Litoměřice: Two decades of working towards a just transition in the Czech Republic

Published On: June 22, 2020Categories: ArticlesTags: , , ,

By Jaroslav Klusak, City of Litoměřice

The city of Litoměřice has for a long time been a frontrunner in the Czech energy transition. A former port town not far from Prague, which has now become a commerce and service centre, the city of some 25,000 inhabitants began its energy transition in 2000 with a subsidy scheme for solar water heaters in private homes. 20 years later, Litoměřice is becoming a climate-friendly role model for the Czech Republic and the Central European region.

Its energy transition strategy consists of two strands: On one hand, implementing solar and geothermal projects to reduce dependency on coal, and on the other hand, reducing citizens’ and businesses’ overall energy consumption through careful municipal planning.


Credit: 12019 of 10259 images on Pixabay

Integrated planning

Municipal planning, with all actors on board, is one of the most important preconditions for a successful energy transition. Litoměřice introduced its first municipal energy plan in 2013 and added a Sustainable Energy and Climate Action Plan in 2018, with the goal of reducing carbon emissions by 27% by 2030 compared to the 2005 level. The aim is for renewable energy to account for 40-50% of energy generation, depending on the success of a geothermal heating project that is discussed below.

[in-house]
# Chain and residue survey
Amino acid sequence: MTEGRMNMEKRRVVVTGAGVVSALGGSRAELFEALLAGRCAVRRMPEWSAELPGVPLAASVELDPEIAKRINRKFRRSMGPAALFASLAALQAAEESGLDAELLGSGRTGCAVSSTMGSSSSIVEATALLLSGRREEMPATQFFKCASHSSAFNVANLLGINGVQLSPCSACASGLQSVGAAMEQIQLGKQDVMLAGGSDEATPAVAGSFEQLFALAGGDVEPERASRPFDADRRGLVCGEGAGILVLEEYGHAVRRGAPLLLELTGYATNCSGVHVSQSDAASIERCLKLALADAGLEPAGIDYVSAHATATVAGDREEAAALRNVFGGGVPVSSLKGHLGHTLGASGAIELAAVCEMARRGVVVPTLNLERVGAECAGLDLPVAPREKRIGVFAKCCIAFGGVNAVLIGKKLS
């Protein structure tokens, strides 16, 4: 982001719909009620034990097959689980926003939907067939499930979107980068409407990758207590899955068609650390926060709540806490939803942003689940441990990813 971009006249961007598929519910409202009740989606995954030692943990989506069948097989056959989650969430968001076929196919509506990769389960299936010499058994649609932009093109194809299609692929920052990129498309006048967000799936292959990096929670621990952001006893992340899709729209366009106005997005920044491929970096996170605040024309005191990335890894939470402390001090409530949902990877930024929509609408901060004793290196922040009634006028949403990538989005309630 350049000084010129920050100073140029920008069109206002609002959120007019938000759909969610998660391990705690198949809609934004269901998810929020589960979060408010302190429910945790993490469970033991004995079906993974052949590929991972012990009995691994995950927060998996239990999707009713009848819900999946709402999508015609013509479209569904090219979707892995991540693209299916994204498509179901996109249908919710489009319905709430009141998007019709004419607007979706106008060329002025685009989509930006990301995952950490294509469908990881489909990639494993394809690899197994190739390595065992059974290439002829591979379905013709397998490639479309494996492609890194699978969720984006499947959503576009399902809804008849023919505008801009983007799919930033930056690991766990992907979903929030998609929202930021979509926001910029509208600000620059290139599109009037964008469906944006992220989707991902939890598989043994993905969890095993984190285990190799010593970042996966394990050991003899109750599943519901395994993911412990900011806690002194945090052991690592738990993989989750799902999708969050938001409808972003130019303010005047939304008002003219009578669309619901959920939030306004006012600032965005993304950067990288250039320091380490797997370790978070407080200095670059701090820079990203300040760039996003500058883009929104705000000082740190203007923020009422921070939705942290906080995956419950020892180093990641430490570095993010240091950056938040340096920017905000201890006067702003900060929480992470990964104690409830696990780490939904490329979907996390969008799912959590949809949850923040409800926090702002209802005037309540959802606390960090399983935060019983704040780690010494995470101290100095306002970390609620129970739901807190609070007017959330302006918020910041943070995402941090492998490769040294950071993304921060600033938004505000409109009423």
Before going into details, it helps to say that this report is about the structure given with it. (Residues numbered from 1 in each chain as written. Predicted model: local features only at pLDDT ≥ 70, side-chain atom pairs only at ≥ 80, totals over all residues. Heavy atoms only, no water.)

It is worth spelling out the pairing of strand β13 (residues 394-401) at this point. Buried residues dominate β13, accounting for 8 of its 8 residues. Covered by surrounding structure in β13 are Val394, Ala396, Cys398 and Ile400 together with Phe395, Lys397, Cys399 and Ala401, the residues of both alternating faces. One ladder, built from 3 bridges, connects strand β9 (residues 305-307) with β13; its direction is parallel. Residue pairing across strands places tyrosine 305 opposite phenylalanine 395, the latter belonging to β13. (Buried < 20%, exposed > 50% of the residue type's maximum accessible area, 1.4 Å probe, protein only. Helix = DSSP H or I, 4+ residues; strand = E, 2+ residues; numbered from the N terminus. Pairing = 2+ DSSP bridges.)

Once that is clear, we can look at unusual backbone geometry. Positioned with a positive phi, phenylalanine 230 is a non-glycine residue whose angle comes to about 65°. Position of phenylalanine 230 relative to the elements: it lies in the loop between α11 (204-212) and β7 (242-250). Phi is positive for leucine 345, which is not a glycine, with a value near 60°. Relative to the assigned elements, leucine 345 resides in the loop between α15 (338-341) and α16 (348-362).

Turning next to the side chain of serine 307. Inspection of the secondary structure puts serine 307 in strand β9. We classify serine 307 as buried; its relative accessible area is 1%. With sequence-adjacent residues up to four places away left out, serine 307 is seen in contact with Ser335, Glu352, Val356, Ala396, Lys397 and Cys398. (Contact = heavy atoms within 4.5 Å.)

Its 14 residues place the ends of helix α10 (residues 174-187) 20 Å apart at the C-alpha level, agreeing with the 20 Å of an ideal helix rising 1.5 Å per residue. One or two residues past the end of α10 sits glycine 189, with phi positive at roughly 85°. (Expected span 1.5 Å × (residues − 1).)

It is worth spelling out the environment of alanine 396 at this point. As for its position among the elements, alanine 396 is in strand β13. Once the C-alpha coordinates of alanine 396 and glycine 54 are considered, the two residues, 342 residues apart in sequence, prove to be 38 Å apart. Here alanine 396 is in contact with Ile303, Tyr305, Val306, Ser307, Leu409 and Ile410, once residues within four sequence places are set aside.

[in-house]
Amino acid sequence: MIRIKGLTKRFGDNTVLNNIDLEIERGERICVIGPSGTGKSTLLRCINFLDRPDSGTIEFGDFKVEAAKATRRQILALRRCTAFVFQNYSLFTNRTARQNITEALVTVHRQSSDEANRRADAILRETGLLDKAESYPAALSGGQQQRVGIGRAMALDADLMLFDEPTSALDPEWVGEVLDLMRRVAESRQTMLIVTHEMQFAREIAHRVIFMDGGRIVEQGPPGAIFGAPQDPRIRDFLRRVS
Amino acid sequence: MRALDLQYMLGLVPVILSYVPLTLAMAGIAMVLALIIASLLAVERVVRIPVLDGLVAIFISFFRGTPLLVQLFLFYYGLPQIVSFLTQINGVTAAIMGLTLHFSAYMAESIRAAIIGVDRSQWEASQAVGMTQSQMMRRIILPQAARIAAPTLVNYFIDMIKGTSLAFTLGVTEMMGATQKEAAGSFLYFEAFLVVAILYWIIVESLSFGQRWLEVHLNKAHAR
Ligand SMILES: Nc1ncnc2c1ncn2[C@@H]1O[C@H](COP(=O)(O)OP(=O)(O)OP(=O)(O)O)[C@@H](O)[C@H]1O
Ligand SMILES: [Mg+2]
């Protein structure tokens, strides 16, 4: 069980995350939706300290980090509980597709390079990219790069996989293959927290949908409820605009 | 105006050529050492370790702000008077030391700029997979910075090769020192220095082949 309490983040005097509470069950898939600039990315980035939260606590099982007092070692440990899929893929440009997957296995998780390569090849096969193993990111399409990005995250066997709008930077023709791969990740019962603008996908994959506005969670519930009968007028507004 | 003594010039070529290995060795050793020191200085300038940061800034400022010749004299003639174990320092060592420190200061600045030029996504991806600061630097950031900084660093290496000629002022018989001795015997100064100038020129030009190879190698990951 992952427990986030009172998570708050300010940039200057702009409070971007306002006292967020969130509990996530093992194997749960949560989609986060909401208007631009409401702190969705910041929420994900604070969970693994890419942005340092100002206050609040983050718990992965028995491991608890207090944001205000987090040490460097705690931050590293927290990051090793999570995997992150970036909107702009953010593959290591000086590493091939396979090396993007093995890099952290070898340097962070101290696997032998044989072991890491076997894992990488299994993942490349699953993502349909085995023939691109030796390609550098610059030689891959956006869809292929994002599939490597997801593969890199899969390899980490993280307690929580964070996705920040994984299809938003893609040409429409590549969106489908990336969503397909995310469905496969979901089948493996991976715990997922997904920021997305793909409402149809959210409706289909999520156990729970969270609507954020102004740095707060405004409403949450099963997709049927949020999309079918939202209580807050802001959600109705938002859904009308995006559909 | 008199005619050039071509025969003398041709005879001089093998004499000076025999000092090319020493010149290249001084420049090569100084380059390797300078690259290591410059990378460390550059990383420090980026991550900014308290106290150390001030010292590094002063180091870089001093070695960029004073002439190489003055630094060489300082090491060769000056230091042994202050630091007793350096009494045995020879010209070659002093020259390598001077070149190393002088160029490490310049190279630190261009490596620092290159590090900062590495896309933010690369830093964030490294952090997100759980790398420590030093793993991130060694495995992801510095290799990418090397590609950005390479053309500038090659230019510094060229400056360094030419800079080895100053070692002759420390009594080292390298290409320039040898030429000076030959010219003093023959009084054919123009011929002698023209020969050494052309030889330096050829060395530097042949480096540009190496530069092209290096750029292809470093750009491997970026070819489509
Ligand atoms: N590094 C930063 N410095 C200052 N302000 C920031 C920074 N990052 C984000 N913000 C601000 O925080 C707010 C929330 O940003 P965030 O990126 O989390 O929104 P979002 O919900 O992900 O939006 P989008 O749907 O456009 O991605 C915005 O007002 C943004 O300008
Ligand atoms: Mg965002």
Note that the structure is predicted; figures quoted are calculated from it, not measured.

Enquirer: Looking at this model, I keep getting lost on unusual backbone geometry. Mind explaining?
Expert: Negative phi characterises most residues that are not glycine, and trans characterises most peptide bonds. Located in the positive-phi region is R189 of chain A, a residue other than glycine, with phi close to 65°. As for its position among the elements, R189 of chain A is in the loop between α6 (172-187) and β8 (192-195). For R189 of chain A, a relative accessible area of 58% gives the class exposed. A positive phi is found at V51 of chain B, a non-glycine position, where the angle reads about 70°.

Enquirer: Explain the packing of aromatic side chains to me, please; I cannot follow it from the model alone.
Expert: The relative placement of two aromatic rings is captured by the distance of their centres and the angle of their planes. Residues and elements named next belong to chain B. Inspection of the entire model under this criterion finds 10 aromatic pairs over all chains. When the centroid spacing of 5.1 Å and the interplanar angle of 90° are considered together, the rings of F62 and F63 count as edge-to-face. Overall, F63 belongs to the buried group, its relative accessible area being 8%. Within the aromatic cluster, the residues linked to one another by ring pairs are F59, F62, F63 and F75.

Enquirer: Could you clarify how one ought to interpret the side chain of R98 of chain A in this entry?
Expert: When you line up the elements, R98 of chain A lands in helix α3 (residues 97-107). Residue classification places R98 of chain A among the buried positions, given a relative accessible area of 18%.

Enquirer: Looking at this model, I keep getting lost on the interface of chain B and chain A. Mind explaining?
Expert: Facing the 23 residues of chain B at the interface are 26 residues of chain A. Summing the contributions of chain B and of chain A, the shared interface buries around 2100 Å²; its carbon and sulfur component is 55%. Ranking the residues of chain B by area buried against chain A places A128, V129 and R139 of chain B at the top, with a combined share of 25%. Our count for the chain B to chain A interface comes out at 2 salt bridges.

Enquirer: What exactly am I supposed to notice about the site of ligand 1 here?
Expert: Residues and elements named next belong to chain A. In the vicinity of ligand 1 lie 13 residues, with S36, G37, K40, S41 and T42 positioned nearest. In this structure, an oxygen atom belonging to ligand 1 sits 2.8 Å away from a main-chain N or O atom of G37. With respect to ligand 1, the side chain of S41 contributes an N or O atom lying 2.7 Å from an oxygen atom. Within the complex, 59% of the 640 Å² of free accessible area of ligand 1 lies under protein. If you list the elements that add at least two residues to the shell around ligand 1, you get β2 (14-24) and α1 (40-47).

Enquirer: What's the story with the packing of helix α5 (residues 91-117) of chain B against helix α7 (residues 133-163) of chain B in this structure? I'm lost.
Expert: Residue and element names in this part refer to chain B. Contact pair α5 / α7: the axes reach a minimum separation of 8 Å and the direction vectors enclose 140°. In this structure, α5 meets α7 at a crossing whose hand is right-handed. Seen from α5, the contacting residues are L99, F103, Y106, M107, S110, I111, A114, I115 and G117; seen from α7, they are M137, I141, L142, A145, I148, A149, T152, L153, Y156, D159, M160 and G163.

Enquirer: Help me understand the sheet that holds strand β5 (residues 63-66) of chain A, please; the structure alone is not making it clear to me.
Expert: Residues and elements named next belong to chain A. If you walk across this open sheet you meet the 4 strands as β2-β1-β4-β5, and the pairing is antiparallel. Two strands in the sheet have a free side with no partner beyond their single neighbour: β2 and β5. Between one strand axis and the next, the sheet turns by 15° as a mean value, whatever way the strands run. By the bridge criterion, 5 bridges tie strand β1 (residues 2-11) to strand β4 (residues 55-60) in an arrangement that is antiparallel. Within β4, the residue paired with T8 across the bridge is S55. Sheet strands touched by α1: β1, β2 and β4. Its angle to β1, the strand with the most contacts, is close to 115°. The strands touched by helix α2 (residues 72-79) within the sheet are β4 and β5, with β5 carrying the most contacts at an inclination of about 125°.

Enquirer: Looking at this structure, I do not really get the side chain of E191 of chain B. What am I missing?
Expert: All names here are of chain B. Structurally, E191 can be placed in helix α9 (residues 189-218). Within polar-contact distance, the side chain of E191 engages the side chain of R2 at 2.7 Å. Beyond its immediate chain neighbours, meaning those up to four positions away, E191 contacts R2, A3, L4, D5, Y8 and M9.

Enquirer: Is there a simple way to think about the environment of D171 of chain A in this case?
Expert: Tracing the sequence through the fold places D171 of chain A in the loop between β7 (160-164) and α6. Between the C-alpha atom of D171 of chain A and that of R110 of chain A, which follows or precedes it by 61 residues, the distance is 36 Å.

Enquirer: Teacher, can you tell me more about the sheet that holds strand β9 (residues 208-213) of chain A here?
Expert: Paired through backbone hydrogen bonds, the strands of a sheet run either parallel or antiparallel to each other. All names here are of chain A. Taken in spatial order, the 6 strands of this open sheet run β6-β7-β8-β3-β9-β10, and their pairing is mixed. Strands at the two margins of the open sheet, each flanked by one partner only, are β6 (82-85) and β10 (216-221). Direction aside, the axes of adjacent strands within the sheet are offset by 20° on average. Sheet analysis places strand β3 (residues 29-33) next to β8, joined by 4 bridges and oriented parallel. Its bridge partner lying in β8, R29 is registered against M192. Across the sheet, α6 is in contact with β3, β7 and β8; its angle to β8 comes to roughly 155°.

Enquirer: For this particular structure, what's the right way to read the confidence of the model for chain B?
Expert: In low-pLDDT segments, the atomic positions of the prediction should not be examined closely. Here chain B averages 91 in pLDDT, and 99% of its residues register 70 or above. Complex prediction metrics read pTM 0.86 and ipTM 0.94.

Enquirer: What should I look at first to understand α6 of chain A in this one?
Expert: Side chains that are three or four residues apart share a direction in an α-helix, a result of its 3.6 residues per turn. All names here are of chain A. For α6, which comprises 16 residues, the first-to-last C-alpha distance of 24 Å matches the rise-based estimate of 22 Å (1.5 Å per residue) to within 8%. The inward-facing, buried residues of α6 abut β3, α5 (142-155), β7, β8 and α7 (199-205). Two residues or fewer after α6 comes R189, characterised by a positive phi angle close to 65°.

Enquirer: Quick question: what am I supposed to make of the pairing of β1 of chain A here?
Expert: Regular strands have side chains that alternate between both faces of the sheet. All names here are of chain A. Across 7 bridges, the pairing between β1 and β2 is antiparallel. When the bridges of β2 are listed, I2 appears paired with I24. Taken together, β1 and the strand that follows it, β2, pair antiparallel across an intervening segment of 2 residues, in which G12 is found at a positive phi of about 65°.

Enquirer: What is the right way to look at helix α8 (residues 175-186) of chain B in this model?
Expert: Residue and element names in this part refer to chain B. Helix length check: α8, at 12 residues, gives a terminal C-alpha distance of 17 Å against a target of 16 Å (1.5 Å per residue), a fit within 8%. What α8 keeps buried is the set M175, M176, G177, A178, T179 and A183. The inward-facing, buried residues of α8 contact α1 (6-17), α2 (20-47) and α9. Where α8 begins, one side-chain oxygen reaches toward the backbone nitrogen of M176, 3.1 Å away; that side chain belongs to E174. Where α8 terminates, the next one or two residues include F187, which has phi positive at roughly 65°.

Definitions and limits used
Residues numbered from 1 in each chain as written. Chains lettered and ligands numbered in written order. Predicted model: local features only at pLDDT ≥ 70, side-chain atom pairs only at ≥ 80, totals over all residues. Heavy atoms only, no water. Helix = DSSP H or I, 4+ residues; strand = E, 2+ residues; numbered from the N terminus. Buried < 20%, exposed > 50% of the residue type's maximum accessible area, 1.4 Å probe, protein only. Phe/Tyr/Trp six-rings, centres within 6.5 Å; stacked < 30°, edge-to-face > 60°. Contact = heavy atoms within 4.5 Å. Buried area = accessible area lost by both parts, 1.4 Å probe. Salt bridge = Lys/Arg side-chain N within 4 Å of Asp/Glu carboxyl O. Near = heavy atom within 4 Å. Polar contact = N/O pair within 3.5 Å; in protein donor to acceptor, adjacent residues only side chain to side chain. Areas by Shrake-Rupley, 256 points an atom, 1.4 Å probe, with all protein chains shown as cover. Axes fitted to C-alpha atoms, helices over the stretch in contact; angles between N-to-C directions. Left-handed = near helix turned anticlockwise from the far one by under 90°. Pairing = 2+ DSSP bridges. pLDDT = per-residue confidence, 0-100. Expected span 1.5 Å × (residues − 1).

In order to oversee the implementation of the plan effectively, Litoměřice appointed an energy manager, which is not a very common position in the Czech Republic. The municipality is one of the three founding members of the Czech Association of Municipal Energy Managers, which supports cities with developing and implementing their strategic energy plans. Litoměřice is also part of several other projects and initiatives to promote a low-carbon energy approach, e.g. Energy Cities and the Covenant of Mayors.

An energy saving fund as innovative finance

In 2014, the municipality introduced an innovative funding tool: an energy saving fund that is directly reinvested into renewable energy projects. When a certain institution, for example the local high school, reduces its energy consumption, the money saved is added to the fund and reinvested in the same institution. The energy fund is thus independent of the municipal budget. This makes sure that the saved money stays in the region and benefits the residents, and thus incentivizes them to further reduce their energy consumption.

Renewable energy projects co-owned by citizens

Solar Panels in Litoměřice

Credit: Municipality of Litoměřice

Litoměřice does not only want to save energy but is also working on switching to renewable energy production. In 2018, a total area of 3,700 m² in the city was covered with solar panels, whose capacity was 1.3 Megawatt peak (MWp) on private houses and 0.15MWp on public buildings, which is expected to rise to 1.5 MWp soon. The project is implemented together with 250 households, who are co-owners of the panels. The households’ own energy demand is covered and the rest of the energy produced is used in public buildings.